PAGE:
In terms of clinical recommendations, this study also adds to the literature. Although reassurance and empathy have previously been termed “distress promoting,”23,24,33 our sequential analyses found that this was only the case if children were already distressed. In fact, when children are calm, adults using empathy seemed to buffer them from becoming distressed. Previous studies have suggested that adults should stop using reassurance and empathic comments during painful procedures, but we suggest that these behaviors are not necessarily harmful and may even be helpful if used skillfully.
This study adds to the previously published data from the Behavioral Interaction-Perioperative Study9,21 in several ways. Although some of the previous results were consistent with the ones reported here (e.g., nonprocedural talk appears to be adaptive and reassurance appears not to be adaptive), there were different adult behaviors used in these settings. For example, the behavior of medical reinterpretation (e.g., reinterpreting medical equipment as less threatening/fun) was used commonly preoperatively and was effective in increasing children’s coping if used in the operating room.9 This behavior was not used postoperatively, but distraction via videos and toys was commonly used in the postoperative setting. Because of the differences in behaviors exhibited in these settings, it was important to develop separate coding schemes that were representative of the postoperative context.22
Several methodologic limitations with the current study should be mentioned. First, although we were able to identify important temporal relationships between adult behaviors and children’s nondistress and distress behaviors, these findings are still sequential-correlational in nature. Consequently, causation cannot be inferred with respect to these findings. However, given the findings from experimental studies on reassurance and pain,25 it is likely that the finding that reassurance elicits children’s distress is plausible. It is also important to note that although in some cases sequential analyses did not yield significant results (e.g., reassurance), these analyses do not consider the larger dynamic of parent–child interactions. Although not significant at a microcoding level, the correlation between reassurance and distress may be indicative of an overall pattern in interactions between parents and children. Second, the study did not examine how certain personal characteristics (e.g., age, temperament, previous surgical experience) or relational characteristics (e.g., parent–child relationship) can moderate the relationship between adult behaviors and children’s distress and nondistress behaviors. Presumably, parent–child relationships that are characterized by warmth and support may allow for a child to be soothed more easily than a relationship characterized by a lack of warmth and support. Future studies should examine potential moderators to these observed adult–child relationships in the PACU. Third, there was a relatively substantial number of potential participants who declined participation. We have limited data on these potential participants, but some of the reasons provided (e.g., too stressed) suggest that we may have had some bias in sample selection. We also do not have data on the influences of other children in the PACU; it is possible that witnessing another child in distress may affect children as much, if not more, than adults. It is also possible that other nonverbal behaviors not coded here could influence results. Future research should consider child–child interactions in the PACU. In addition, future studies should examine the causal nature of these relationships by experimentally manipulating these behaviors in their studies.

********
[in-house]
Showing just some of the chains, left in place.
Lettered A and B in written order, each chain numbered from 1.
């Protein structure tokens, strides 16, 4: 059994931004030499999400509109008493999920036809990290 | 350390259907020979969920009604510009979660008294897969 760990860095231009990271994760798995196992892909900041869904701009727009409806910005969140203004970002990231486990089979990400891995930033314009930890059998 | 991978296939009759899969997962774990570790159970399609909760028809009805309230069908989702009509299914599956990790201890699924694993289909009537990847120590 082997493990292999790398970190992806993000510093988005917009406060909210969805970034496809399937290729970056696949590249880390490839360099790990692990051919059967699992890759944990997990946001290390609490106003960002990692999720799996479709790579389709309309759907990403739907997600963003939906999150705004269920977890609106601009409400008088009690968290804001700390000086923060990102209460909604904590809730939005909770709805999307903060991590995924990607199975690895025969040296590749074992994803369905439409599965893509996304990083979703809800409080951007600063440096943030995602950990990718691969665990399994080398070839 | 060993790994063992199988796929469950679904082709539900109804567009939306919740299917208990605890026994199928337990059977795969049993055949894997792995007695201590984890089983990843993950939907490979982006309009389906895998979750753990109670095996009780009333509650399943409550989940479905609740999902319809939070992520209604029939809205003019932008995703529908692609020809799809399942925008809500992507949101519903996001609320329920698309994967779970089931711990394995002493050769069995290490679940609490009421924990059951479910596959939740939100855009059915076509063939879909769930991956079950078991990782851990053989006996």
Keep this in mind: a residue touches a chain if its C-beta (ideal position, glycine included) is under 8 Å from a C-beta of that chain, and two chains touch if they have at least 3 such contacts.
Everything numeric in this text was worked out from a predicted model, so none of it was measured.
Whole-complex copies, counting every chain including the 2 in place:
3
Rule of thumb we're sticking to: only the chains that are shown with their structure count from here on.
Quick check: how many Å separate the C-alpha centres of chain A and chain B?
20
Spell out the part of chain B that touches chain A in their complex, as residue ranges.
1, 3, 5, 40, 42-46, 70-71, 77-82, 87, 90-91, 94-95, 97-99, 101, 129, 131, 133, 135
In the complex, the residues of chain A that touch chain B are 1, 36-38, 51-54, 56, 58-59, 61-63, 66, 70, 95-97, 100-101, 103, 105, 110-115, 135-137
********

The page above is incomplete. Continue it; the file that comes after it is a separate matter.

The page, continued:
In conclusion, the present study examines the temporal relationship of adult and child behaviors in the PACU using two methodologies. Adult behaviors were related to the onset of children’s distress and coping behaviors, and the function of these behaviors differ depending on whether children were already distressed. Future studies should design interventions to teach adults to increase desirable and decrease undesirable behaviors. These studies will be doubly beneficial—they will support the validity of conclusions reached via sequential analysis and they will establish an evidence-based intervention to decrease children’s distress. Notably, adults relatively infrequently used behaviors that were found to cue children’s coping and therefore should be encouraged through intervention to be more interactive in the PACU. Learning more about influences on children’s distress in the immediate perioperative period may also have implications for later recovery; behavioral patterns shown in the PACU may be indicative of patterns that will also be shown at home. In sum, adult behaviors represent important leverage points that can aid in the reduction of children’s distress and promote their coping and should be an important consideration in the perioperative period.